• Simple ecommerce
  • Blog
  • Easy to edit content and images yourself
  • Imagery focused, minimal
  • Quick development
  • Self-managed platform – no need to regularly update

Weakness

  • Complex sites – advanced features and functionality
  • Dynamic features – 3rd party integrations, paid webinars, feature-rich forms
  • Advanced Ecommerce
  • Speed
  • Control – layout, how things behave, limitations

Wordpress - $$

Wordpress comprises most of the websites on the internet. It’s an “open source” website platform which means it has almost endless possibilities. It’s a platform on which to build things, whereas Squarespace offers select ready-to-go features to plug in easily. Since WordPress is more of a blank slate, it takes more time than Squarespace to build a site.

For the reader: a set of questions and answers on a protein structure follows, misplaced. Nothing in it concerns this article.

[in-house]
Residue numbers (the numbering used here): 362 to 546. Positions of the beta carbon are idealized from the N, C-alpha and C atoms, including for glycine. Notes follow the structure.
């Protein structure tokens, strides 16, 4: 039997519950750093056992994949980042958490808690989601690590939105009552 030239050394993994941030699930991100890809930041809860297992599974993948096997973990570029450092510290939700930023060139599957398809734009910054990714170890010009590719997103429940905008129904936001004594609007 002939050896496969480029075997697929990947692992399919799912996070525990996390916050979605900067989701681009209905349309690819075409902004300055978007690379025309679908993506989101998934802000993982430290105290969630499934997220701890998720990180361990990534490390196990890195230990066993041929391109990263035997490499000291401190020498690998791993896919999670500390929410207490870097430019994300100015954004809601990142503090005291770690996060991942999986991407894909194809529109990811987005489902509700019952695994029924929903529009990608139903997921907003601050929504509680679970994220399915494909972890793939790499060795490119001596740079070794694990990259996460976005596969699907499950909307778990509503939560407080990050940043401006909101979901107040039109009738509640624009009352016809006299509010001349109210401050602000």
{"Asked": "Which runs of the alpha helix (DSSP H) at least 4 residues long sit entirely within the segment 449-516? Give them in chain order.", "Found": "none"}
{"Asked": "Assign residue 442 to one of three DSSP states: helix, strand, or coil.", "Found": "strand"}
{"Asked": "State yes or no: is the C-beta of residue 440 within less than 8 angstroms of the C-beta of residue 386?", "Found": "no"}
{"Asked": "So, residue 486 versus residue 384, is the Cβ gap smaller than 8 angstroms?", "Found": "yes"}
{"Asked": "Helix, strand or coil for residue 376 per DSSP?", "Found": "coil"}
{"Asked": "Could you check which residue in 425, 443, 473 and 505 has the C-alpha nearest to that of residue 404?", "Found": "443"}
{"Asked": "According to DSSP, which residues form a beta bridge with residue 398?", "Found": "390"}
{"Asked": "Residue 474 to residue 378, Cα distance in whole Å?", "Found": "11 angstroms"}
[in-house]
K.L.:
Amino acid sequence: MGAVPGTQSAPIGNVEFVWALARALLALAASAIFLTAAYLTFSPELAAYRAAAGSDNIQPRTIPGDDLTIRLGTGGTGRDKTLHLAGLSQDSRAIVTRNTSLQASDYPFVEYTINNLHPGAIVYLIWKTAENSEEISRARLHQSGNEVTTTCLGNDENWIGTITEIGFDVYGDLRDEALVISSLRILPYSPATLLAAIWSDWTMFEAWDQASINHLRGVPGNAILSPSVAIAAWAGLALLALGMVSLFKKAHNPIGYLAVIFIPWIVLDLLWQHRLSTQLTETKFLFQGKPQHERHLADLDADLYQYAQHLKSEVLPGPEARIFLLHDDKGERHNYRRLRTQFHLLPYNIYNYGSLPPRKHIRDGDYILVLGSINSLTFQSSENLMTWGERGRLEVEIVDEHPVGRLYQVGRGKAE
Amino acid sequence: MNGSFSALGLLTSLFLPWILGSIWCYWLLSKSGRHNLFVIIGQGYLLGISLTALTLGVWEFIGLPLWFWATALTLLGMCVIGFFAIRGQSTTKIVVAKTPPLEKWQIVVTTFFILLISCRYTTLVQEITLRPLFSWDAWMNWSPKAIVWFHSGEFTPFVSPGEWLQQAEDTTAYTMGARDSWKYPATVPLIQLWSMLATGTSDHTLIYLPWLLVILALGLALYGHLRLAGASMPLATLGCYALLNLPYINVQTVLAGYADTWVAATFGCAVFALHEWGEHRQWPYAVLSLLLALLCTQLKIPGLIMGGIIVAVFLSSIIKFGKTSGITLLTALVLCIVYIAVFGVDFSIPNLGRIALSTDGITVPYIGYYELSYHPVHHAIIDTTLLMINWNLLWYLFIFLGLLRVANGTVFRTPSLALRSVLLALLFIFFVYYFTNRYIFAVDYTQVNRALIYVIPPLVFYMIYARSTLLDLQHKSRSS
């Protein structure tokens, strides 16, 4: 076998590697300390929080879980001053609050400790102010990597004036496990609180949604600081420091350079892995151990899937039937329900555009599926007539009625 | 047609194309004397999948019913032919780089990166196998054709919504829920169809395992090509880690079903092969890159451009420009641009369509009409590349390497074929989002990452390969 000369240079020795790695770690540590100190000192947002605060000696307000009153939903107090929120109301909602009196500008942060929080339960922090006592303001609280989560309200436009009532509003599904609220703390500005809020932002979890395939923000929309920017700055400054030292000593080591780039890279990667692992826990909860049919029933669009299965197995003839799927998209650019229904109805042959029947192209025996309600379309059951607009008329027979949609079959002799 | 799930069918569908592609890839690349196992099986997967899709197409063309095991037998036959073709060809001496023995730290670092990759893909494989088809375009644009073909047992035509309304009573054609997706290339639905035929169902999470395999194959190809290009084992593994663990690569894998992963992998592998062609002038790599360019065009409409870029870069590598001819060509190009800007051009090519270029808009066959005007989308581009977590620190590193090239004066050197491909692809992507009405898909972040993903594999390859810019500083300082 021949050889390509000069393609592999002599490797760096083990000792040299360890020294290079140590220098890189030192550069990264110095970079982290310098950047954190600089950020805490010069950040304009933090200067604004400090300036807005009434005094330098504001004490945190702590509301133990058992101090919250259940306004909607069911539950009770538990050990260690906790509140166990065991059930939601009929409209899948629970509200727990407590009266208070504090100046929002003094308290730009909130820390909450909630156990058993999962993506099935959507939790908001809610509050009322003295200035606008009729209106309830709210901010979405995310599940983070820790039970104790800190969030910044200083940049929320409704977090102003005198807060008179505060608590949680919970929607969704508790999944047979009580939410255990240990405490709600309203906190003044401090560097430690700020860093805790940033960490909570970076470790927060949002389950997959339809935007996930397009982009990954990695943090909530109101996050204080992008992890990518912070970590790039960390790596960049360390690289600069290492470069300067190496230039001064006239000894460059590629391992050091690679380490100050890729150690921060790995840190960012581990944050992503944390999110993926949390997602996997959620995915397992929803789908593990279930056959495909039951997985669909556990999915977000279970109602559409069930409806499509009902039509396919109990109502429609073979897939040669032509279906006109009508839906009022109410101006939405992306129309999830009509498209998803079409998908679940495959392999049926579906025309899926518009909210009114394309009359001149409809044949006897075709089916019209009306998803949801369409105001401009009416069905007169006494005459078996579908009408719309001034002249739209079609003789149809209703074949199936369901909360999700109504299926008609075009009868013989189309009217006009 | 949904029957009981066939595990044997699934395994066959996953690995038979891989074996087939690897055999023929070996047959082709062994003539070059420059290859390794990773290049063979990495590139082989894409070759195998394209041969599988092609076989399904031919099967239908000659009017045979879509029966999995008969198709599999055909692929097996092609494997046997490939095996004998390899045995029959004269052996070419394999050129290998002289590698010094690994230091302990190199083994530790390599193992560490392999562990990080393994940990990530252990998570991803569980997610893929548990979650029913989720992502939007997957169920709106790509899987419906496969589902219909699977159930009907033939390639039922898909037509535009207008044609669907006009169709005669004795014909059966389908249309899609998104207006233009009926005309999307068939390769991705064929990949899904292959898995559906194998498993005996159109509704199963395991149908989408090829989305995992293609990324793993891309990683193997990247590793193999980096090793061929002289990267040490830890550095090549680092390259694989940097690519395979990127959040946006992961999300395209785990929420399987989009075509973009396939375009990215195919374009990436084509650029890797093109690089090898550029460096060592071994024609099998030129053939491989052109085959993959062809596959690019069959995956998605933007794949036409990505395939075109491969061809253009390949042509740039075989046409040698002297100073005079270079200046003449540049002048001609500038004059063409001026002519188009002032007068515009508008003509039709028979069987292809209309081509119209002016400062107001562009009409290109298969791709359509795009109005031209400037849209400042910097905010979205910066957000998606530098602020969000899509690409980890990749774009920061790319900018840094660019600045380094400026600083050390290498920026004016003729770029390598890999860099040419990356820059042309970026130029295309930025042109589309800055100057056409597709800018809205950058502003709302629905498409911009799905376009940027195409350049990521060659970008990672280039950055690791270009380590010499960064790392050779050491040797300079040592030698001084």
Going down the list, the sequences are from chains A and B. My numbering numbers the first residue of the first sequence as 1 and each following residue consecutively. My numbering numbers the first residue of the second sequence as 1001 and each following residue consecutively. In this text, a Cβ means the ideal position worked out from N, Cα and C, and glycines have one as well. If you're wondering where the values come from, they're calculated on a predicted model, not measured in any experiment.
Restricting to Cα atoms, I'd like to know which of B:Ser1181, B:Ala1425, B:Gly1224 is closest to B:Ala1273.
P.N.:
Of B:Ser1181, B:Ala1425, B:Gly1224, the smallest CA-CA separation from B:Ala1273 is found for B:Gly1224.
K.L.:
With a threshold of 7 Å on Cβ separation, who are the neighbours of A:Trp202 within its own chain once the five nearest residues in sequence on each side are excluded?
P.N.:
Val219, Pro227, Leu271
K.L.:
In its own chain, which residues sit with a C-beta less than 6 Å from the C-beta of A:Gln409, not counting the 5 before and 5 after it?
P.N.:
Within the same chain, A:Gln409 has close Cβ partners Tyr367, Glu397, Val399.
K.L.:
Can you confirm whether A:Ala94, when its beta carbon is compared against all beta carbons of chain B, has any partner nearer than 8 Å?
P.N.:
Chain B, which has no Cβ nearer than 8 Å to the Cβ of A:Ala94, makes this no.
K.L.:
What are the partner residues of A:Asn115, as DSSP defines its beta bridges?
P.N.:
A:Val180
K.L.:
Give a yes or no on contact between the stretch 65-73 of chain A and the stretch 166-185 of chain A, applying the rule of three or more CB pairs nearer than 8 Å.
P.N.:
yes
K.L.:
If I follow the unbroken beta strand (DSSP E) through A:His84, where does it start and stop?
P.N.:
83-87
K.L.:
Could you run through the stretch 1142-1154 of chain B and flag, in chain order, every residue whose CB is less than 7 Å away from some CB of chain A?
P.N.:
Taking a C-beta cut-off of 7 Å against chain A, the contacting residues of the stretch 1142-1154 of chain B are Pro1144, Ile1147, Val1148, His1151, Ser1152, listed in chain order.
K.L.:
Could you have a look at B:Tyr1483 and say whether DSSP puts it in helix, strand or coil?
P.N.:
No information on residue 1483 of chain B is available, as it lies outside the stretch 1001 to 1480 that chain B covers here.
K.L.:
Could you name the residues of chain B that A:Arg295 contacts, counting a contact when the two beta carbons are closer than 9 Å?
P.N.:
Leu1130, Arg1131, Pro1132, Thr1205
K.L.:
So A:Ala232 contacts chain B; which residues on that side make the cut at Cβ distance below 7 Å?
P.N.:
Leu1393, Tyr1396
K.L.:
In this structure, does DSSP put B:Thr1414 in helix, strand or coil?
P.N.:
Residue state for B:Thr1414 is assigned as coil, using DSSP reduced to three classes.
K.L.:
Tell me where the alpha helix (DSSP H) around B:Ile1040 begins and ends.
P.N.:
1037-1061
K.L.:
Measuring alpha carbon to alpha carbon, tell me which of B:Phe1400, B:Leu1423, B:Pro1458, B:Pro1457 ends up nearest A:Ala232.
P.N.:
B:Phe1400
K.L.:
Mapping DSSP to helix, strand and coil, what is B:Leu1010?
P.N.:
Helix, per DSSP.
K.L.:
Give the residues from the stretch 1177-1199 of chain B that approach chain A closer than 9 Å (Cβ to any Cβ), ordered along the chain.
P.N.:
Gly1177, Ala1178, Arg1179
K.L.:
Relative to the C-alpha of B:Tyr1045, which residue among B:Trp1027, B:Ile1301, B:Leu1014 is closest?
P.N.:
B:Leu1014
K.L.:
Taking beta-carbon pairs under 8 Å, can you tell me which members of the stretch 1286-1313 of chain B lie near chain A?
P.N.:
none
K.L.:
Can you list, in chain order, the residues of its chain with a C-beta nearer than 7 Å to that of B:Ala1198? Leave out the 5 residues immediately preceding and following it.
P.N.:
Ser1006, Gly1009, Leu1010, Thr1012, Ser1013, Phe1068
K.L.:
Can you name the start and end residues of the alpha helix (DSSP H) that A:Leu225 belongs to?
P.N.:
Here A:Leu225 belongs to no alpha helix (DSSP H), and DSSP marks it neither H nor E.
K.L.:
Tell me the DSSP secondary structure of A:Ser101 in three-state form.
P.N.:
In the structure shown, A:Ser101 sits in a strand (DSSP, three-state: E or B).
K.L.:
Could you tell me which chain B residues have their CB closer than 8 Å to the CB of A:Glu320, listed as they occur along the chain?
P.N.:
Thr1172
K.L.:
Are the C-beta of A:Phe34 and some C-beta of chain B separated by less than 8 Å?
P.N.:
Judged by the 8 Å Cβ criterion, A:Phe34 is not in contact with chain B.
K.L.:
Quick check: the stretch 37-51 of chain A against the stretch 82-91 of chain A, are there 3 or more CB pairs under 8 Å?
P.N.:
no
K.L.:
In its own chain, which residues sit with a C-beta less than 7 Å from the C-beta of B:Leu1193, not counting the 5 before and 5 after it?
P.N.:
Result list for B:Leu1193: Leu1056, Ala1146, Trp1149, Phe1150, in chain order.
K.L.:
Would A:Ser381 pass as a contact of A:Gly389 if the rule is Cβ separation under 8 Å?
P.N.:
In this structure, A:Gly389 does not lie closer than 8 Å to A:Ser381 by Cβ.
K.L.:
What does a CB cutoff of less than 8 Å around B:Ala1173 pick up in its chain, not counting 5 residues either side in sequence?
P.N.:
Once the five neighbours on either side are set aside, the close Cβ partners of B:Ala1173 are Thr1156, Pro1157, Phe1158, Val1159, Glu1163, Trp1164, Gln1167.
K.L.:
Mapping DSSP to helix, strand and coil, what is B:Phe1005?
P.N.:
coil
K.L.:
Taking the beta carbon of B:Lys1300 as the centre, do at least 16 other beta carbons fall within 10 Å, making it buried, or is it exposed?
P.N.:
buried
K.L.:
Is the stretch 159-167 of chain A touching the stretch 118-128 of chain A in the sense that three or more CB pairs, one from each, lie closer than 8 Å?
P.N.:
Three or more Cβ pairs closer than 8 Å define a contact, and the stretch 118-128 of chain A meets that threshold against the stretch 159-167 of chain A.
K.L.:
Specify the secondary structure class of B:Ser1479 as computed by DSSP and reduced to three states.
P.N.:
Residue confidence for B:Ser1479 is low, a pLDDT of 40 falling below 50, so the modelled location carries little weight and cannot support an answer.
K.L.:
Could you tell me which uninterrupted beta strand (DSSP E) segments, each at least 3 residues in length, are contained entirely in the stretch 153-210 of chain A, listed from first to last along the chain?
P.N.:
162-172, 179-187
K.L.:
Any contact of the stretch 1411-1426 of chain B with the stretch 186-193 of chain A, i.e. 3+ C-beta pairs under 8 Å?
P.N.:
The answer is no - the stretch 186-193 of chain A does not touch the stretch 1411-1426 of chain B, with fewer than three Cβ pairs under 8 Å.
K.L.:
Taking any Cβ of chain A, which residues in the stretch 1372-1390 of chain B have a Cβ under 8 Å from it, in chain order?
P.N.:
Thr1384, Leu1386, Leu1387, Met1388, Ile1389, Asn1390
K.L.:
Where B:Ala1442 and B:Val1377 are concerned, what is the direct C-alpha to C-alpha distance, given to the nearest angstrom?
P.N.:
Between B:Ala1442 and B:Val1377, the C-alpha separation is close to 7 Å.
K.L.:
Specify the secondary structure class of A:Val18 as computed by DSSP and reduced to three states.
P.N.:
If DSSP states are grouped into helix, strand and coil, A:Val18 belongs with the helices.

Strengths

  • Flexibility and customizations – a web developer can build whatever feature, tool, functionality you need.
  • Feature/functionality rich
  • It can grow with the business
  • Speed
  • Customizations
  • SEO and optimization options

Weakness

  • Takes more time to build, overall more complex than Squarespace
  • Not self-managed – regular maintenance needed for health and security of site
  • Hosting not included –  unlike Squarespace
  • Vulnerable to hacking – if the site is not regularly maintained

Custom, from scratch - $$$

This is the best option if you are going for a robust, complex site that doesn’t need regular content updates. Custom sites are a significant web development project, are more expensive, and requires a resource to manage the backend (updating scripts, fixing update bugs, etc).

Strengths

  • Facilitates complex functionalities – databases, 3rd party integrations, scripts
  • Complete control and access – no CMS or plugins to get in the way
  • Faster and more lightweight than WordPress
  • Speed / performance
  • Grows as you need it to
  • Security

Weakness

  • Cost
  • Time to build – resource heavy
  • Requires regular web maintenance